Featured Destinations Along the Way
SHAWNEE NATIONAL FOREST
The Shawnee National Forest in Southern Illinois offers a diverse array of hunting options, from trophy bucks and turkey to upland game and waterfowl. It would be wise to obtain maps before setting out to hunt the Forest because private land is interspersed throughout. It is the hunter’s responsibility to know the boundaries.
Seasons and bag limits set by the IL Department of Natural Resources also apply to the Forest. You need a valid hunting license and necessary permits for the species you are after. Deer and turkey permits are available from IDNR, along with habitat stamps. If hunting migratory waterfowl you must have a federal and state waterfowl stamp.
The Shawnee contains about 280,000 acres in Pope, Jackson, Hardin, Union, Alexander, Saline, Johnson and Gallatin counties. The headquarters is in Harrisburg, IL. President Franklin D. Roosevelt declared the purchase of land under the Illini and Shawnee Purchase as the national forest in September of 1939. Most of the purchase was said to be exhausted farmland. The Civilian Conservation Corps panted pine trees during the 1930s and 40s. The Forest is now home to many hardwoods trees and diverse plants found in the region.
Most of the land added to the Forest in its first decade of existence was exhausted farmland. Throughout the 1930s and 1940s, the Civilian Conservation Corps planted pine trees to prevent erosion and help rebuild the soil. However, the Forest is also home to many hardwood trees and other plant and animal species characteristic of the region.
Not far from Steamboat Springs in the center of a large open valley called North Park, is the town of Walden, Colorado, often called the Moose Capital. Elevation is 8,099 feet and the population is around 600. An early postmaster named Mark A Walden named the community, which was established in 1889 and incorporated in 1890.
Moose can be spotted in nearby State Forest State Park. The Moose Visitor Center will provide more information for your visit. Hunting, camping, and fishing are popular passtimes, along with cross country skiing, snowshoeing and snowmobiling in the Mt. Zirkel Wilderness and Routt National Forest.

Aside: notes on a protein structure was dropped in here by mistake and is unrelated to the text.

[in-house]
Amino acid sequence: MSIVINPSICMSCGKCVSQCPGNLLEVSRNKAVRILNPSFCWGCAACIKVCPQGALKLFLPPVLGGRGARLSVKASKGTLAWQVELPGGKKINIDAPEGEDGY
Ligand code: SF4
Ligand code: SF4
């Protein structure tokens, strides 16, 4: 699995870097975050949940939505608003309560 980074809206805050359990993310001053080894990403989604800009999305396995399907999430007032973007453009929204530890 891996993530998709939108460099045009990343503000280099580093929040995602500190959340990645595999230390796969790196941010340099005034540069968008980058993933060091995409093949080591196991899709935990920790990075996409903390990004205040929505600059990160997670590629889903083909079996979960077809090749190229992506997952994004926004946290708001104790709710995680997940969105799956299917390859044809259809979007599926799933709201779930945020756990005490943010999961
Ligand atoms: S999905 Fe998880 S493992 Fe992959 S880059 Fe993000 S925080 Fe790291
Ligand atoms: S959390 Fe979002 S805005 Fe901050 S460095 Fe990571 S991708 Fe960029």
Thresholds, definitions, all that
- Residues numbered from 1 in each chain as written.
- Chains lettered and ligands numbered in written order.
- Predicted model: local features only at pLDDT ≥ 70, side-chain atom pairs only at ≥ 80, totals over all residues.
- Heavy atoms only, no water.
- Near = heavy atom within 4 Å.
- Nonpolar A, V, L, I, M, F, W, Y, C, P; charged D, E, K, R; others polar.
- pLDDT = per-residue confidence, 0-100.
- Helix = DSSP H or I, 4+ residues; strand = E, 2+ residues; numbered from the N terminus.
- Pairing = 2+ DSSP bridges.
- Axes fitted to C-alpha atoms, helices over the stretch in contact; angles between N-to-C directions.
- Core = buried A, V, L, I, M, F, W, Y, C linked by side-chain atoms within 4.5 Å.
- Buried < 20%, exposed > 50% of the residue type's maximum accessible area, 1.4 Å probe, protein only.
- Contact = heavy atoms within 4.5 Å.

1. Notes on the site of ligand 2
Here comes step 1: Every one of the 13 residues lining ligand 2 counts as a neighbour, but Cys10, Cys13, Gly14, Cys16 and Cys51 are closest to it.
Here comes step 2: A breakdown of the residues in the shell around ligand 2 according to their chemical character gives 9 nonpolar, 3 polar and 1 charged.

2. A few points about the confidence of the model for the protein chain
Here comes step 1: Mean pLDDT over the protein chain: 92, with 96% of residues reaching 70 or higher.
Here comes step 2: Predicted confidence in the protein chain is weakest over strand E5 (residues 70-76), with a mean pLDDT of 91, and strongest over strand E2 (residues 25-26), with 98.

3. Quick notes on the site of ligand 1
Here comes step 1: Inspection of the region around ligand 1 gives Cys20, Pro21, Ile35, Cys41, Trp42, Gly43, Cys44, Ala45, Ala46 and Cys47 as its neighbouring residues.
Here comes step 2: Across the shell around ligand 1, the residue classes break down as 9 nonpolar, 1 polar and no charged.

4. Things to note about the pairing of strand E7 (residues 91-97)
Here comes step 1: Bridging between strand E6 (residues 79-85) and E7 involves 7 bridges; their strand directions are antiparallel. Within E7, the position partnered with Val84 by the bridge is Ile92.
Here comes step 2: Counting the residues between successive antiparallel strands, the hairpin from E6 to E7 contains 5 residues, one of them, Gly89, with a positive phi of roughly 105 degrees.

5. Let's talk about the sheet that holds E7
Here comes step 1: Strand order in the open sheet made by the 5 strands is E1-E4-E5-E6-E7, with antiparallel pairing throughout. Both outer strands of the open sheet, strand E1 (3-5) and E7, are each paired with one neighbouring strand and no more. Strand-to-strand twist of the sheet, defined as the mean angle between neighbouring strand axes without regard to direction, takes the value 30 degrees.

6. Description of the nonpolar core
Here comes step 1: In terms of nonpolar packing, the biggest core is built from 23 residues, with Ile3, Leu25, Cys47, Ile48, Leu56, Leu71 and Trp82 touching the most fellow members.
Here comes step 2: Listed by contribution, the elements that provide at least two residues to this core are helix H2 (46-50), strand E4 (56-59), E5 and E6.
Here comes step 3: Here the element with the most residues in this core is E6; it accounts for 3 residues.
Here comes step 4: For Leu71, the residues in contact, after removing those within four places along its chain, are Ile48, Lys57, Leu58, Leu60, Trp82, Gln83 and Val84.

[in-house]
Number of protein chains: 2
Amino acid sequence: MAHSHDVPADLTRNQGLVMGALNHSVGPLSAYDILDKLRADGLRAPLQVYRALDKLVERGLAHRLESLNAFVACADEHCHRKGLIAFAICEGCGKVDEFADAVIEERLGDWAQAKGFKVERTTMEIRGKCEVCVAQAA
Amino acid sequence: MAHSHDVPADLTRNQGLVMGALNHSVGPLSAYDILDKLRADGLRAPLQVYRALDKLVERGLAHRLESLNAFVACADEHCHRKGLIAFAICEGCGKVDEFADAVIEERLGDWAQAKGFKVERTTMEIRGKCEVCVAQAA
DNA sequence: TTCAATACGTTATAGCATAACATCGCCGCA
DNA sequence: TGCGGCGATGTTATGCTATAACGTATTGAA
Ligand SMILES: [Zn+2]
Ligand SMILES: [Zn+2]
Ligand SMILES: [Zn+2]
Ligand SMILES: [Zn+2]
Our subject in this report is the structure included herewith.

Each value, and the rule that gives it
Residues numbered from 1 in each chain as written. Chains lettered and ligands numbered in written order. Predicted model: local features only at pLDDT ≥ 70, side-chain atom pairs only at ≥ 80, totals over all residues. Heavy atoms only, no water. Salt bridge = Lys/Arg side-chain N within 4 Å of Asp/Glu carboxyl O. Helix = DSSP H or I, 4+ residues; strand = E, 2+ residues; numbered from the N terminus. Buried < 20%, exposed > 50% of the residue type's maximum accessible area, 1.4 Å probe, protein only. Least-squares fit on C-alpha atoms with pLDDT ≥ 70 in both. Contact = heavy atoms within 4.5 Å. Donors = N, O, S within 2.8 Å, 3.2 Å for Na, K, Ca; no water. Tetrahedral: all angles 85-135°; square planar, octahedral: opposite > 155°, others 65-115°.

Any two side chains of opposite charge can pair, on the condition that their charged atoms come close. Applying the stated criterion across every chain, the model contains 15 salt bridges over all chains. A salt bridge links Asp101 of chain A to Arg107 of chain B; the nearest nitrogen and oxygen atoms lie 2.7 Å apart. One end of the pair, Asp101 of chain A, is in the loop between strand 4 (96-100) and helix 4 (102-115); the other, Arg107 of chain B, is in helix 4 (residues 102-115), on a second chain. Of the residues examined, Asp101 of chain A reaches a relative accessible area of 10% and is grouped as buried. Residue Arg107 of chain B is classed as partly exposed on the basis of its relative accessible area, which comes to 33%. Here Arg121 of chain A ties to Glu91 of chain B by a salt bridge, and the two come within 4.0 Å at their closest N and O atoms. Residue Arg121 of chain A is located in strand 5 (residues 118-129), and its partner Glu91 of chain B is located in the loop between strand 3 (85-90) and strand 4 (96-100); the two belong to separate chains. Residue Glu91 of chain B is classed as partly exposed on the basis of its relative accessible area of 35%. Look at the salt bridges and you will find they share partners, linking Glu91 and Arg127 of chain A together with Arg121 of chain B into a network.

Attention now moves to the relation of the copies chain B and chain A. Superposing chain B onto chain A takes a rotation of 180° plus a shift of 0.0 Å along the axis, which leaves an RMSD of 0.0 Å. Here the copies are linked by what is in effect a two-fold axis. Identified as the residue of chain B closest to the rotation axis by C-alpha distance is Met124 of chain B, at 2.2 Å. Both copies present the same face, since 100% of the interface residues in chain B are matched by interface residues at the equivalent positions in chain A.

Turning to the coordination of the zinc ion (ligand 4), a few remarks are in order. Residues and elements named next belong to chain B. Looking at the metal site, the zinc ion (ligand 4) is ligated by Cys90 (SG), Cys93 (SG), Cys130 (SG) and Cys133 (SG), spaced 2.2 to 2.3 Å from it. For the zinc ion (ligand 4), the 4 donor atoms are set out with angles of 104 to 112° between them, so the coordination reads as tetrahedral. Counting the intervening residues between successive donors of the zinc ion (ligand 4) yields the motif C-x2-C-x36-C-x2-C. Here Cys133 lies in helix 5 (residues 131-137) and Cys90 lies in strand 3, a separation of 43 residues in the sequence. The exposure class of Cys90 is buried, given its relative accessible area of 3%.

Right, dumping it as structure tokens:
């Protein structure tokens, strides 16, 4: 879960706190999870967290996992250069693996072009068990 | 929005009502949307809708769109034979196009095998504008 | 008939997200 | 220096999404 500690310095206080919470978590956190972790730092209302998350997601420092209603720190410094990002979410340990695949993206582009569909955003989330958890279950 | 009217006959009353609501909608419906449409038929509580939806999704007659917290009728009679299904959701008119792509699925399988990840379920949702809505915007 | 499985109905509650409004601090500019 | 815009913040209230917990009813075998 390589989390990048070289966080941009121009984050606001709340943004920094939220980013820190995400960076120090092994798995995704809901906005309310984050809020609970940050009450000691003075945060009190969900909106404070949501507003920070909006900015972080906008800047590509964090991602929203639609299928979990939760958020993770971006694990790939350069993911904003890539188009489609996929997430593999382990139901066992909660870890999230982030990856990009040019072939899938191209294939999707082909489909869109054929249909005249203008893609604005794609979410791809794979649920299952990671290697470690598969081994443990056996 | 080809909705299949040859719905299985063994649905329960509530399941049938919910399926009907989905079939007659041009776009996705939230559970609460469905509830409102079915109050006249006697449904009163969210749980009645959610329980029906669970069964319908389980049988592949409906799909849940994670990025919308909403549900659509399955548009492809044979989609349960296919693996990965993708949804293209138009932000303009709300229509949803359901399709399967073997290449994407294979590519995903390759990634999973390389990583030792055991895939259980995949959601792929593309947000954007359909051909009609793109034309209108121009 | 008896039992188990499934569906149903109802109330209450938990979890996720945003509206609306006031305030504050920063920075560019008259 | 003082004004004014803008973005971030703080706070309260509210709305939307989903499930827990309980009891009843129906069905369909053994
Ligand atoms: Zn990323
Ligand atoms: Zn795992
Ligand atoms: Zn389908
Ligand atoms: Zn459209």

Other activities include ghost town exploration, rodeos, OHV trails riding and exploring wildlife refuges. Walden is part of the Northwest Colorado Cultural Heritage Program, a nonprofit that highlights the region’s rich culture and heritage.
JIM EDGAR PANTHER CREEK
Central Illinois is home to one of the state’s largest public access areas, Jim Edgar Panther Creek State Fish and Wildlife Area. Hunting opportunities are many throughout the 16,550 acre mosaic of mature forest, grassland and hill prairie.
Since 1993 IDNR has managed the property for conservation and recreation.
Deer, turkey, dove, small game and upland game hunting is available. Fishing opportunities are abundant in the 25 acre Gridley Lake; 210 acre Prairie Lake and 35 acre Drake Lake.
Largemouth bass, bluegill, green sunfish and Muskie are stocked, along with fall trout fishing.
There are 24 miles of mountain bike trails, a 3-mile hiking/jogging trail and 26 miles of equestrian trails.
There are 9 cabins available and 84 campsites in addition to an equestrian campground with 51 sites.